Jordan Zimmermann: OK, “no particular order” is a stretch; Zimmermann comes first because it’s Zimmermann that made me think of this. I tweeted the other day that I thought he belonged in the “current most-underrated-player discussion,” and I do. One good way to be underrated is to wear the same uniform as someone else who does what you do but flashier. Howard hit more homers and knocked in more runners than Utley (largely because Utley was always getting on base for him, but that’s so not the point right now); Zimmermann has Stephen Strasburg striking out a ton of batters and, well, in this case, just being better than him. But it’s no shame not to be Strasburg, and since the start of 2011, Zimmermann has managed a 3.09 ERA (125 ERA+) in 38 starts, 238.2 innings. The underlying numbers don’t quite match the raw numbers, but they’re not hugely far off, either (unlike, say, Jeremy Hellickson). He’s not flashy, he’s just good, and he seems to still be getting better, and he’s only just turned 26. Zimmermann probably figures to spend the next 4-6 years (if the Nats can extend him) as the nominal #3 behind Strasburg and Gio Gonzalez (who is also just 26), but he’s looking a lot more like a really, really great #2. This is just a team that could be scary-good for a good long while now.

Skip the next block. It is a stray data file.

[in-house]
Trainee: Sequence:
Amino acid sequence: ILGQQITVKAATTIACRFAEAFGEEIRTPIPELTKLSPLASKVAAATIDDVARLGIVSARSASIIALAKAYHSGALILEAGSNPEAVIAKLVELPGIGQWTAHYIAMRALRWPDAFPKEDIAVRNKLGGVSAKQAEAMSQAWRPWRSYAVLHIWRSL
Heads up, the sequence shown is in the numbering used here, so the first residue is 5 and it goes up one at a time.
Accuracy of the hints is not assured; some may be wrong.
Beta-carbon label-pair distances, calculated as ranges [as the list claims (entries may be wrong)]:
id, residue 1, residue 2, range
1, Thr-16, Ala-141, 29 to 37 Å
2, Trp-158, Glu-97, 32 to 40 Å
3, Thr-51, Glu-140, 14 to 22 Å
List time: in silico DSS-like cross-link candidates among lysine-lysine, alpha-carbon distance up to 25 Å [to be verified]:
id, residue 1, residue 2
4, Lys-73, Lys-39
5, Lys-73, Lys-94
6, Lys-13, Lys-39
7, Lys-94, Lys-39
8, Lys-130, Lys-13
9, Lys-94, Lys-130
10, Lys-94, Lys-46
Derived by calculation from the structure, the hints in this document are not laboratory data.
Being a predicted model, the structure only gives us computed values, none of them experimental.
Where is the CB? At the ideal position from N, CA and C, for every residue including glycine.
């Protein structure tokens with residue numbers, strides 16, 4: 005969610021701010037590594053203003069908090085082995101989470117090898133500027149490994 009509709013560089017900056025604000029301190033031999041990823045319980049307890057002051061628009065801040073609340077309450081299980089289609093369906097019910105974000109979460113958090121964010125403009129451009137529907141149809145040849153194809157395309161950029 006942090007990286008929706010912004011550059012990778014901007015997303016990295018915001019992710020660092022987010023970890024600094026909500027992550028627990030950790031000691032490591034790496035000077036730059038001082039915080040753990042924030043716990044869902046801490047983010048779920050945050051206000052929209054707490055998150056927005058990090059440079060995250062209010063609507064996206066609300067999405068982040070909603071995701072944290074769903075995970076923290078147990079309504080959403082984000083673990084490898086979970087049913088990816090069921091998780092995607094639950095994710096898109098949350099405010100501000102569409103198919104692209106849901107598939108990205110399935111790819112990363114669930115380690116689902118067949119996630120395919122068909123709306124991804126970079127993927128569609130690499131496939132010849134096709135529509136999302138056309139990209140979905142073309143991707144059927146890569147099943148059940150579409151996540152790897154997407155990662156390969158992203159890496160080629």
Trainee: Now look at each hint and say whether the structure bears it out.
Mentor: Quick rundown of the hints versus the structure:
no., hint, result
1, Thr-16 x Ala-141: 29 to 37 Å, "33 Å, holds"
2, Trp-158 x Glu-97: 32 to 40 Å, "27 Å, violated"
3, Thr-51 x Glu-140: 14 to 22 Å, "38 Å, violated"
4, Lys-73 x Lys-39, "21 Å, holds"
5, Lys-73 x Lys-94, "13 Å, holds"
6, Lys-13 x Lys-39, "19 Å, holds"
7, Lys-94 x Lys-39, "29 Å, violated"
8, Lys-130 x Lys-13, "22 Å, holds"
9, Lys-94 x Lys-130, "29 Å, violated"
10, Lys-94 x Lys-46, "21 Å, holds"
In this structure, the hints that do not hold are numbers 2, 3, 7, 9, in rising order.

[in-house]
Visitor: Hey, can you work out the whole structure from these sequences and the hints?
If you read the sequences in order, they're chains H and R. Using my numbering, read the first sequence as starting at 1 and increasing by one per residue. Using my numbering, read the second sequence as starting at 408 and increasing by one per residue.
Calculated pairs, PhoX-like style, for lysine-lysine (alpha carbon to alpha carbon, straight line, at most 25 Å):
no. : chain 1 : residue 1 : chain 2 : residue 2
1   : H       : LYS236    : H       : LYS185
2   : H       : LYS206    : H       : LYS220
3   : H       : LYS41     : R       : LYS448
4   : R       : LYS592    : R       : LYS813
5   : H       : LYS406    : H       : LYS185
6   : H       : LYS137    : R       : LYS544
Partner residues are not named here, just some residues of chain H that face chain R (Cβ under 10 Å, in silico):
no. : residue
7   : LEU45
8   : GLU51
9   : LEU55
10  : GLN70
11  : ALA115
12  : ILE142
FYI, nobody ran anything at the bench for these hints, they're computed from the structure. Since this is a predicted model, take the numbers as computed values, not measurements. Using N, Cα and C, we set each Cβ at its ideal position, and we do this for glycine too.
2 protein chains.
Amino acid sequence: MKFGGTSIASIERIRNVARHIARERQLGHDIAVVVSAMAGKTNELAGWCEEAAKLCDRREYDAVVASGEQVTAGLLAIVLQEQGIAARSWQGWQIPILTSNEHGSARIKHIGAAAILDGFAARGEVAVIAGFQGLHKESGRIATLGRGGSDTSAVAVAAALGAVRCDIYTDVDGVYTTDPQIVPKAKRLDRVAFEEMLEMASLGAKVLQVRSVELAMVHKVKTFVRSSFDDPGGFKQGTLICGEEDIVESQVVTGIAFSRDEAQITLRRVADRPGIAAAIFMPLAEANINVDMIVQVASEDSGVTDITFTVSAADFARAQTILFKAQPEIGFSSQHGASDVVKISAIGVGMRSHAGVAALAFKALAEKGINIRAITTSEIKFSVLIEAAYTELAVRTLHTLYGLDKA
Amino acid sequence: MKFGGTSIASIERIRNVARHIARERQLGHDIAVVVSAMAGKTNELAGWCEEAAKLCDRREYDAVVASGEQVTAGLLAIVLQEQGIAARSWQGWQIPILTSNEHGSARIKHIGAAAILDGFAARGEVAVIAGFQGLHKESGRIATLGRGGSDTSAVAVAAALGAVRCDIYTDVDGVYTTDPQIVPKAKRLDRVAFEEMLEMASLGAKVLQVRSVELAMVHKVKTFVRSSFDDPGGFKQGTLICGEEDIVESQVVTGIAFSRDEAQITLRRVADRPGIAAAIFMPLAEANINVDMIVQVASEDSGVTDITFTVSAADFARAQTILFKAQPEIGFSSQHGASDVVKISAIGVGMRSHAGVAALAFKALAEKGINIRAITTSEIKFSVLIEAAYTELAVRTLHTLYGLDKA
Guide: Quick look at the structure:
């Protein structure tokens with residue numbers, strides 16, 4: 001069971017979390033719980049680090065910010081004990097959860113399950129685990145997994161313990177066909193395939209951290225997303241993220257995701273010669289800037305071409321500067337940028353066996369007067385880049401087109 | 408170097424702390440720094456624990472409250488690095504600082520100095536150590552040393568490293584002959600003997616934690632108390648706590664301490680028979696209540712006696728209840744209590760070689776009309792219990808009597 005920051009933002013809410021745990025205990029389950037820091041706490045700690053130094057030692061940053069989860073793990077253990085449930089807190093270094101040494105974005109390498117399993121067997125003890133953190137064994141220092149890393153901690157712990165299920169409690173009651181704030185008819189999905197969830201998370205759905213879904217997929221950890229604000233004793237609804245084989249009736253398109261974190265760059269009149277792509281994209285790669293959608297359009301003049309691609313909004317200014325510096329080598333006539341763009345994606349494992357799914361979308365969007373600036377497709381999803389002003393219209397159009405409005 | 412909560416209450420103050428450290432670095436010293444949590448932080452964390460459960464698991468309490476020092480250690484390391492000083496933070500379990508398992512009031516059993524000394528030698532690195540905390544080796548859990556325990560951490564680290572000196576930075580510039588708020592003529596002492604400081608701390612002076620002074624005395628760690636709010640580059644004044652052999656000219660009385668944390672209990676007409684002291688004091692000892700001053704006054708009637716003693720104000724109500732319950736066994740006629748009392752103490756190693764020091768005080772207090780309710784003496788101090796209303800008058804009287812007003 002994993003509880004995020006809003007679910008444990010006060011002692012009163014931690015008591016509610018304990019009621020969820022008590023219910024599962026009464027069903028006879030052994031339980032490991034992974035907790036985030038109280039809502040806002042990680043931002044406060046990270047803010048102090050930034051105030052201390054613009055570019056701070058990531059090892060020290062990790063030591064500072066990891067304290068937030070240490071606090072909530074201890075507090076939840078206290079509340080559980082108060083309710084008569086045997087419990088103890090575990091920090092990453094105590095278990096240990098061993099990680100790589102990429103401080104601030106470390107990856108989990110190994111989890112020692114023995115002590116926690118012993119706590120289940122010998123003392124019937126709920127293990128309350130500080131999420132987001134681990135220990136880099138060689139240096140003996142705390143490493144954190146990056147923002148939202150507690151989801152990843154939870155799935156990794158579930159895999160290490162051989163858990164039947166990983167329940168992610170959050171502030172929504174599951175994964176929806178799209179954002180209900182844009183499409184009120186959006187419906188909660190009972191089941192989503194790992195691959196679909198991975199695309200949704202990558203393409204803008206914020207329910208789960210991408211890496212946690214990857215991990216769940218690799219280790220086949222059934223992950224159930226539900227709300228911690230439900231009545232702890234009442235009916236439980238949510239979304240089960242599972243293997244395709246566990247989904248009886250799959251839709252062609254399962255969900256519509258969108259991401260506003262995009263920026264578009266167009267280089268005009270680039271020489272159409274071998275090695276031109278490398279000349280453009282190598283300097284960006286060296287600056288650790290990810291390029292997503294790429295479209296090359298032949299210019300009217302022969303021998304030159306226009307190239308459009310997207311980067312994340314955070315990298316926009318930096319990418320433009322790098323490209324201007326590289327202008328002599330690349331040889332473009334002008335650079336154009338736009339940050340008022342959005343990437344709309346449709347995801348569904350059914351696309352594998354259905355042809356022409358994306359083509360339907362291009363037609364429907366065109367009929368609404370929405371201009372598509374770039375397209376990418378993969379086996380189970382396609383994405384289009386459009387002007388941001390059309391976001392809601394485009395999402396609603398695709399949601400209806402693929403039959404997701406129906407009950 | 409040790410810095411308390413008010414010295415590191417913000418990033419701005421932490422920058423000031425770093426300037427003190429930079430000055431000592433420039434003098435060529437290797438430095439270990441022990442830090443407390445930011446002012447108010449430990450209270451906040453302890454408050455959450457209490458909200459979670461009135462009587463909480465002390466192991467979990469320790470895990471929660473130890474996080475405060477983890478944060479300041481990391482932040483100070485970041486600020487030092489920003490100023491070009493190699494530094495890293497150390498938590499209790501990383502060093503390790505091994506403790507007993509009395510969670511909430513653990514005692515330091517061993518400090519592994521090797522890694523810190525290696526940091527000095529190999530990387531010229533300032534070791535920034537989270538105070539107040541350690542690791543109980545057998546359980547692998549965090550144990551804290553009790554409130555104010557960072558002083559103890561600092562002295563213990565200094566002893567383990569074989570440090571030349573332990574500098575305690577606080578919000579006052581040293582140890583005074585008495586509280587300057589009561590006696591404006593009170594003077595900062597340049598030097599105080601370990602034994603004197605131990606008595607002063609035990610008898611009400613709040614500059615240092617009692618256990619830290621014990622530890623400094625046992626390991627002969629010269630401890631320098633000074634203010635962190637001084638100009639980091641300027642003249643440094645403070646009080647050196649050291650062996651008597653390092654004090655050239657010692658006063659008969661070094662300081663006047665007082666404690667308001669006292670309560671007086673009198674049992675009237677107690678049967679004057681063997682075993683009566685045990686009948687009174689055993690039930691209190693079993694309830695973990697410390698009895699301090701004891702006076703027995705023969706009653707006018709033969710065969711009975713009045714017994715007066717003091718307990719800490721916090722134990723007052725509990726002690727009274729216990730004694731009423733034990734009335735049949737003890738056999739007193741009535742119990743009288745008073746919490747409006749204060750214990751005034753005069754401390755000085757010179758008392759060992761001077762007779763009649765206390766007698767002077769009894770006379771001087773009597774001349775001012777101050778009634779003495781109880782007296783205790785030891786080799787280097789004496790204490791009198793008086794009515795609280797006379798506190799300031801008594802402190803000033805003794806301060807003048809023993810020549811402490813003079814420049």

Michael Bourn: He was a bit of a joke at first. In 2008, the Astros somehow let Bourn play 138 games, batting 514 times — he hit leadoff or #2 in 89 of those 138 — while he hit .229/.288/.300 (59 OPS+), putting up -0.7 WAR and calling to mind the likes of Tom Goodwin and Brian Hunter. So it was easy to miss the fact that, almost immediately thereafter, Bourn’s offense shot up to something around average, with good baserunning and what has generally been rated by observers and all the metrics as stellar centerfield defense. Since 2010, he’s 14th among position players in both fWAR and rWAR — which may not sound like much, but the vast majority of players on both sides of him on the lists, going down to, say, spot 40 are so, are players who you would’ve thought were much better than Bourn is. Then in 2012 he’s been through the roof, neck-and-neck with Joey Votto according to both measures for the title of best player in baseball to date.